May 10, 2012

REVIEW: Dark Shadows (dir. Burton)

As the witch Angelique Bouchard  in Dark Shadows Eva Green has big, crazy-beautiful eyes, a grin like the Joker's, and long rangy limbs that do seem to flop into place, even when standing upright. When she points your way, lowers her head and stares through her eyelashes at the camera, she looks like a demonic mirror-image of a movie director: a marionette, pulling her own strings. Her director here is, in fact, Tim Burton, who is clearly in love with the alabaster-skinned vixen they've brewed up between them to bewitch pale, vampiric Johnny Depp, and rightly so. The movie itself is pretty thin stuff: a beautifully-photographed pastiche of the old Hammer horror films, complete with magenta-and-grey color scheme and looming score, that labors to stretch its single joke — vampires are spooked by lava lamps! — into a 90-minute feature. It's Depp and Burton's 8th film together and their famous mind-meld, which bypasses mere words, or human understanding, has bypassed the need to come up with a fresh script: it's nothing you haven't seen in The Addams Family, with Depp repeating his English Stiff Act from Sleepy Hollow, or any other of the films he's made with Burton in which he stares out at the audience through a pancaked rictus like a terrified marmoset. But Green is a knockout in every scene she's in, her head lolling as if might at any moment detach itself from her neck, roll down her outstretched arm and drop into your lap. Lucky you. This is acting as out-of-body experience, fleshy and delirious: nobody seems in possession of her body, least of all her. B-/C+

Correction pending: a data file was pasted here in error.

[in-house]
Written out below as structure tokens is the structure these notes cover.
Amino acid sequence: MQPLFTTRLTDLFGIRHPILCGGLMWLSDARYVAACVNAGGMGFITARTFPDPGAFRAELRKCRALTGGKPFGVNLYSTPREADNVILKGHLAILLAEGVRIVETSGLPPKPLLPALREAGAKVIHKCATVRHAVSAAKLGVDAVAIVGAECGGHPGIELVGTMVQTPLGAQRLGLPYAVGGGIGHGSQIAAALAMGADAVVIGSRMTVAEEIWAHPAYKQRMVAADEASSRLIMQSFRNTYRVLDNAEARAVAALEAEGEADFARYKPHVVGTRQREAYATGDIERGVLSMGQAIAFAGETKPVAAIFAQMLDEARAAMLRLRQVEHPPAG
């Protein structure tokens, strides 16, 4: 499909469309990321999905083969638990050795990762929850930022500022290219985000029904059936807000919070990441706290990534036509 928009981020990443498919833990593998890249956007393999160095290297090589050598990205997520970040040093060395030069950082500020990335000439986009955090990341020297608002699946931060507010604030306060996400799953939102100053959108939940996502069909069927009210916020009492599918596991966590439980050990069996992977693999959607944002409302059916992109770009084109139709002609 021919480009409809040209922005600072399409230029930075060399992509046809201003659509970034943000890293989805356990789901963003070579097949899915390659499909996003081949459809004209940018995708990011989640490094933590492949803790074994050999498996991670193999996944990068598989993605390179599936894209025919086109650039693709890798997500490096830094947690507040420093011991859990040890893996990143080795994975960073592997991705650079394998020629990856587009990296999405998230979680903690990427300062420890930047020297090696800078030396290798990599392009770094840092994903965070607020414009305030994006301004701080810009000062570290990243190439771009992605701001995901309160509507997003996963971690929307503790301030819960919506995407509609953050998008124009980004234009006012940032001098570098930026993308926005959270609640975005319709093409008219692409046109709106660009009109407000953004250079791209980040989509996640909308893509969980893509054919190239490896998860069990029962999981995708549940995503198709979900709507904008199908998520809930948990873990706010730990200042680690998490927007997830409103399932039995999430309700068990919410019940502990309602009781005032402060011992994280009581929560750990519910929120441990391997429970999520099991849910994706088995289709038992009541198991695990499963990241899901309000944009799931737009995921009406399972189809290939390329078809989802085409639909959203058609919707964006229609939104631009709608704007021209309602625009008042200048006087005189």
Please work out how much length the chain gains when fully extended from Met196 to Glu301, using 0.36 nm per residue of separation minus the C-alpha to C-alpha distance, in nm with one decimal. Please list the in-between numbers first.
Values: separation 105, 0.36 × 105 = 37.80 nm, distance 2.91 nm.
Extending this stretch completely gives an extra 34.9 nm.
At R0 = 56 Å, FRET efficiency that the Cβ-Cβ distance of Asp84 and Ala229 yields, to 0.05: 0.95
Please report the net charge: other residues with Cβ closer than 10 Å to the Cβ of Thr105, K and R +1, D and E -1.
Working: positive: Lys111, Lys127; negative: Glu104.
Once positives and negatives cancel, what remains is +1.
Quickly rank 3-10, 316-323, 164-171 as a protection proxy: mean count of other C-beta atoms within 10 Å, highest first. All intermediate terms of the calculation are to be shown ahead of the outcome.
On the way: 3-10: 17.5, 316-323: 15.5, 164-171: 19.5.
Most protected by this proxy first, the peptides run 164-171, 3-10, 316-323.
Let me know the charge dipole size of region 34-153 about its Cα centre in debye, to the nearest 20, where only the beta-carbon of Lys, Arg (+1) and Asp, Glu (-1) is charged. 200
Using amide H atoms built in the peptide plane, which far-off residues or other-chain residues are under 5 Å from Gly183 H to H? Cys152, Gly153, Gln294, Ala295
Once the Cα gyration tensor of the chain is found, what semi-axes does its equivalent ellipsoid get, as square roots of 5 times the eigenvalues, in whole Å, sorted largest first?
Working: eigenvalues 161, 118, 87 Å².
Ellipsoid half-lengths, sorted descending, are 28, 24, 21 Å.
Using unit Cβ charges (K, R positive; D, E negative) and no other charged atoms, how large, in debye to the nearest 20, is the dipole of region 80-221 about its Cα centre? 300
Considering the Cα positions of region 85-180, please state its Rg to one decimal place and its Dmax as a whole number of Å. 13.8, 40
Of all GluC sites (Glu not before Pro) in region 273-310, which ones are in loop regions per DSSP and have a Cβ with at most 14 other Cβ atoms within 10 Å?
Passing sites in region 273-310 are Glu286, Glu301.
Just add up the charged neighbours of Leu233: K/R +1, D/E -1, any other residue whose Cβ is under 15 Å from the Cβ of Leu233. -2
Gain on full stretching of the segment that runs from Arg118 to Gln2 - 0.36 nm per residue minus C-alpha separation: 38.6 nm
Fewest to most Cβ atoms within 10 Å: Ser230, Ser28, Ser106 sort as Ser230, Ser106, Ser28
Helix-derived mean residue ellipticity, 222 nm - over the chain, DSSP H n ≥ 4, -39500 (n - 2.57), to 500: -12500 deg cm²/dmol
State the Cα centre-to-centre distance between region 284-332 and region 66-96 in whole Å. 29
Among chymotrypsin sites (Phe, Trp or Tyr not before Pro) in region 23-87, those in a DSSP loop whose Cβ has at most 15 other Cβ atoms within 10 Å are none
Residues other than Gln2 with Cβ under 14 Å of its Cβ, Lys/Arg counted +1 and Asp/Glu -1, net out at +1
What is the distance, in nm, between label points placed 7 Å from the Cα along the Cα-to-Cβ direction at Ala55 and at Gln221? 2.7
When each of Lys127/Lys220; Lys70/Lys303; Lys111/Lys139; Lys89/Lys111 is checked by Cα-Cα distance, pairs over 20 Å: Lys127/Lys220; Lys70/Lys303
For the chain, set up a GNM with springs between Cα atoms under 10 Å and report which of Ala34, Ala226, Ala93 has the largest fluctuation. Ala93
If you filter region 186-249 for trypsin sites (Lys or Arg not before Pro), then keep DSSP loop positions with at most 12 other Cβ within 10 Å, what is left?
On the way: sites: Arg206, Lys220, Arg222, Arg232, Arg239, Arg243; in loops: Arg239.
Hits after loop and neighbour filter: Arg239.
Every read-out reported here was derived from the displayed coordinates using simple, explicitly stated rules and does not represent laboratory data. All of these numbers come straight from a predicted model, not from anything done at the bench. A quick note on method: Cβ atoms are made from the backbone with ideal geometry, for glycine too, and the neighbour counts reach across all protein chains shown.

1 comment:

  1. "Eva Green has big, crazy-beautiful" ... eyes. Right. Eyes. Totally where I thought you were going with that ...